Expert Advice from Marie Fay, OTR, DRS, Dementia Care Specialist and Founder of NorthStar Dementia
The term Dementia describes a group of symptoms that impact memory and other thinking skills. The symptoms of dementia are caused by a number of underlying disease processes, of which Alzheimer’s disease is the most common (~70% of cases).
Dementia is a progressive condition, which eventually limits a person’s ability to independently participate in daily activities.
Primary symptoms include:
- Memory loss
- Challenges with speech and communication
- Reduced attention and concentration
- Visual perceptual difficulties (the way our brains perceive and interact with the world around us)
- Poor judgement and reasoning
- Changes to behaviour and personality
NorthStar Dementia Ltd. was launched in 2022 in response to a community need for Comprehensive Dementia Assessment, caregiver education and support services. As the numbers of those living with dementia in Bermuda continue to rise placing greater demands on an already strained health care system, NorthStar’s evidence based and client-centered consultation services can improve the safety, independence and quality of life of persons with dementia and their caregivers. Our goal is to assist clients to successfully age in place at home with the support of their family caregivers to reduce the overall cost and burden of care for this vulnerable population.
We know that receiving a diagnosis of dementia can be daunting. Whether you are noticing changes yourself, or are supporting someone who is, you likely have many questions. It can be overwhelming trying to figure out where to turn to for answers and help. NorthStar offers a guiding light to Bermudians navigating dementia, providing direction and support to ensure they find their True North. We want you to know you are not alone in this journey
- It is estimated that there are 3000 Bermudians currently living with a diagnosis of Dementia
- Seniors aged 65+ will account for 24.9% of Bermuda’s population by 2026
- 1 in 10 Seniors will be diagnosed with Dementia
- 80% of dementia care is undertaken by family members who report high levels of caregiver stress and burnout
- 75% of clients living with Dementia are uninsured or under insured, and unable to afford the out of pocket expense for essential dementia care and support services
Majority of NorthStar’s referrals are currently received from concerned family or community members. I often hear that the person they are trying to support is “not aware” of what is happening to them, “in denial” or “resistant” to receiving the necessary care and attention to keep them safe. Sometimes this can feel as if it is a direct and intentional act of defiance of manipulation. It is not uncommon for persons living with dementia to be reluctant to visit with their doctor, openly discuss changes to their memory, or participate in formal testing. There is many reasons for this. It may be because they are fearful of what is happening to them and are aware to some degree that something just “isn’t right”, they may not have the processing or reasoning skills to understand that they are experiencing brain changes, or they may even have a clinical lack of awareness or insight into current challenges (anosognosia) as a result of their condition.
Despite these common challenges, early and accurate diagnosis opens the door to optimal care and treatment options. It helps people to plan ahead while they are still able to make important decisions regarding their care and support needs and on financial and legal matters. It also helps them and their supporting family members to receive practical information, advice and guidance as they face new challenges as the disease progresses.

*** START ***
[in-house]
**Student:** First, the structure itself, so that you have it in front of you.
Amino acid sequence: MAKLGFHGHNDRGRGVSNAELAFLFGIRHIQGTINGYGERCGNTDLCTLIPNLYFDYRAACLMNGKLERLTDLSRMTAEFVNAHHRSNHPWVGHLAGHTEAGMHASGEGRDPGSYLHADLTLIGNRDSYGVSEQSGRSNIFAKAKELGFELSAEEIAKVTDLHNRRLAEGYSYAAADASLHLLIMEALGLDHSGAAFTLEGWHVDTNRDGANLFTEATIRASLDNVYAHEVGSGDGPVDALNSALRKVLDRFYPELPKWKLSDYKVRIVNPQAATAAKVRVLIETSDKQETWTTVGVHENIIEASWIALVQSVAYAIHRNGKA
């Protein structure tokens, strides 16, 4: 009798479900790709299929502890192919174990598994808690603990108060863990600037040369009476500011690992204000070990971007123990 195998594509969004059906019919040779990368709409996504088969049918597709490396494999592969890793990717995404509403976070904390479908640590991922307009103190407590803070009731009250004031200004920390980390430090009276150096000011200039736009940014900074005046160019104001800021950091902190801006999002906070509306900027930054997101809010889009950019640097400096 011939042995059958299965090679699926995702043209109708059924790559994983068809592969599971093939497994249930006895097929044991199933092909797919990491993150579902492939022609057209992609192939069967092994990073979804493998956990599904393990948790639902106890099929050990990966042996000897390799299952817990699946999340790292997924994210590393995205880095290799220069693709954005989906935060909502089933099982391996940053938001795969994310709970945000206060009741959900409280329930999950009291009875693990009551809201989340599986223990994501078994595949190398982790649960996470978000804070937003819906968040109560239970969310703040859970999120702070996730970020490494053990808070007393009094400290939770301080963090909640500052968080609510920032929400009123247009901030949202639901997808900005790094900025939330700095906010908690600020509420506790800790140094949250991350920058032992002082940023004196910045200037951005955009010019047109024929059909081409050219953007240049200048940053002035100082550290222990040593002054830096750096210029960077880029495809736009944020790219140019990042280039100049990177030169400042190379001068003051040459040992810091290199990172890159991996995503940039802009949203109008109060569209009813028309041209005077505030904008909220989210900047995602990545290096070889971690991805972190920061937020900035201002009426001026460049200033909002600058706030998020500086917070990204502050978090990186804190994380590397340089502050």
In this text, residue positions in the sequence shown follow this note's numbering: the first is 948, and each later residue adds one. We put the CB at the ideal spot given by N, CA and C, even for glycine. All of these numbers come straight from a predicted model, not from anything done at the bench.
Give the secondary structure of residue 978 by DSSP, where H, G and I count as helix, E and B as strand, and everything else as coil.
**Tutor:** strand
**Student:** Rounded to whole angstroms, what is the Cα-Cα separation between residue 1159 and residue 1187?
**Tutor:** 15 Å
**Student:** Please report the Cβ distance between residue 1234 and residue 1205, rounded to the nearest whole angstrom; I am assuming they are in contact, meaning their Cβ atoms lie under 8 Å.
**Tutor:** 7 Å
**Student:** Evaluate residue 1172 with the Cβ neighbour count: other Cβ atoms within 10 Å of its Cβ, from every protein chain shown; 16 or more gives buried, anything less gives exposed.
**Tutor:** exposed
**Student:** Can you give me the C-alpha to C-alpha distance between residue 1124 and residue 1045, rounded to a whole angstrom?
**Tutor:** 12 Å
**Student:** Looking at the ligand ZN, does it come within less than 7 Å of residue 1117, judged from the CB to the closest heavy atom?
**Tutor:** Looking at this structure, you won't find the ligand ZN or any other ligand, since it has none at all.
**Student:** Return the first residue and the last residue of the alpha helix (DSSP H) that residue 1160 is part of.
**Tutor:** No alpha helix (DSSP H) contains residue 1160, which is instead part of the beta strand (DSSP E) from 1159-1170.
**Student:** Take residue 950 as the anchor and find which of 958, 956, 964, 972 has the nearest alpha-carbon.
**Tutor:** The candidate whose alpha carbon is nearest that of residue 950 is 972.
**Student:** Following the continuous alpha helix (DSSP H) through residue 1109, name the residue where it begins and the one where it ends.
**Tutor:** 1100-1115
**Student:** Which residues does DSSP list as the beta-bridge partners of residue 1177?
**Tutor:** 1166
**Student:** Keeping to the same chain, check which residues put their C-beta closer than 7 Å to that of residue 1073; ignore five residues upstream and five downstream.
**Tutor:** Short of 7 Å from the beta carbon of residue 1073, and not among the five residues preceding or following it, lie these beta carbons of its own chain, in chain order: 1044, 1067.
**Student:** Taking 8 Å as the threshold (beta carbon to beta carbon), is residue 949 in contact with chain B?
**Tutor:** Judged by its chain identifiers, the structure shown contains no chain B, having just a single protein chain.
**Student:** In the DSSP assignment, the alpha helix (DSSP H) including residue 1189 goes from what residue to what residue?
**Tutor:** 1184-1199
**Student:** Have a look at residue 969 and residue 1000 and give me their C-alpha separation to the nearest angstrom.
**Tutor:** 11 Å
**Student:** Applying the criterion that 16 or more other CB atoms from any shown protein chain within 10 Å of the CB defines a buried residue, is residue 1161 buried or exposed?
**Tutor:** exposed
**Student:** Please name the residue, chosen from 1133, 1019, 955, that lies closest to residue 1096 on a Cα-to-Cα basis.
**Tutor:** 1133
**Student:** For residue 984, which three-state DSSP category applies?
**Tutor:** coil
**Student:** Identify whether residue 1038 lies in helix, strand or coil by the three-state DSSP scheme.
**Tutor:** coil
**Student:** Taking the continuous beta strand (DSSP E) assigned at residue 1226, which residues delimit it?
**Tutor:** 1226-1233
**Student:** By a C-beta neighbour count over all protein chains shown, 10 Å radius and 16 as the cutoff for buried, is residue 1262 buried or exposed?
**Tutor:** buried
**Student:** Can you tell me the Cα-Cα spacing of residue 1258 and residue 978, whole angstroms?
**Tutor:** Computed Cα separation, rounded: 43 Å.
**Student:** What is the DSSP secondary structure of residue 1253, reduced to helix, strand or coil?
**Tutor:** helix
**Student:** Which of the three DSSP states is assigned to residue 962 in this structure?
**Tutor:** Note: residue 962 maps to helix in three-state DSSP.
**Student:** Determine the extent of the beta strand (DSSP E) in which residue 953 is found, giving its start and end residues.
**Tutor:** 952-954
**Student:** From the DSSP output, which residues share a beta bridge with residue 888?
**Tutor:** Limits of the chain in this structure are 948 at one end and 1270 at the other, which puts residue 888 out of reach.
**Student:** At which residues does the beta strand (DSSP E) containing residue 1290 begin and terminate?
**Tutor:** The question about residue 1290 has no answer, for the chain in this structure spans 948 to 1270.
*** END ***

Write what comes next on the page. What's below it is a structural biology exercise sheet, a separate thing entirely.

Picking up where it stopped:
Practical strategies to get your loved one the help they need:
- Come from a place of care and concern – reassure the person that you love and care for them, and want them to stay as healthy and happy as possible for as long as possible. Sometimes it helps to place greater emphasis on yourself and your needs, for example, “I have concerns mom. I am worried about you. Checking things out with the doctor would make me feel so much better”
- Repeat information as necessary – a common part of the condition is short term memory loss, which can become so significant that information can be forgotten in a matter of minutes. Expect to have to repeat information regularly over time.
- Call the doctor’s office – phone ahead to make your observations and concerns known. While client confidentiality may prevent health providers from sharing information with you (without prior client consent), this may enable them to undertake a more thorough examination in office at their next scheduled visit.
- Write things down to reinforce information – accommodate speech and language challenges by providing important information in a variety of ways (verbal, written, visual etc)
- Ask your loved one for permission to accompany them to any medical appointments. Two sets of eyes and ears are better than one! Record any findings and recommendations in writing to help with processing of new information.
- Focus on the benefits of early diagnosis – early and accurate diagnosis leads to better outcomes and quality of life over time.
- Be patient – everyone processes information in their own time. We cannot force someone to receive care and support services if they are not ready to. Every phase in dementia is temporary. Even this one.
Most importantly, prioritise your own self-care needs. Caring for someone with dementia is a marathon not a sprint. If you are not feeling your best, this will take a toll on the quality of care you are able to provide others. Be sure to take care of your own physical and mental health needs first, and solicit professional support services where needed to avoid crisis situations and to ease the burden of care over time.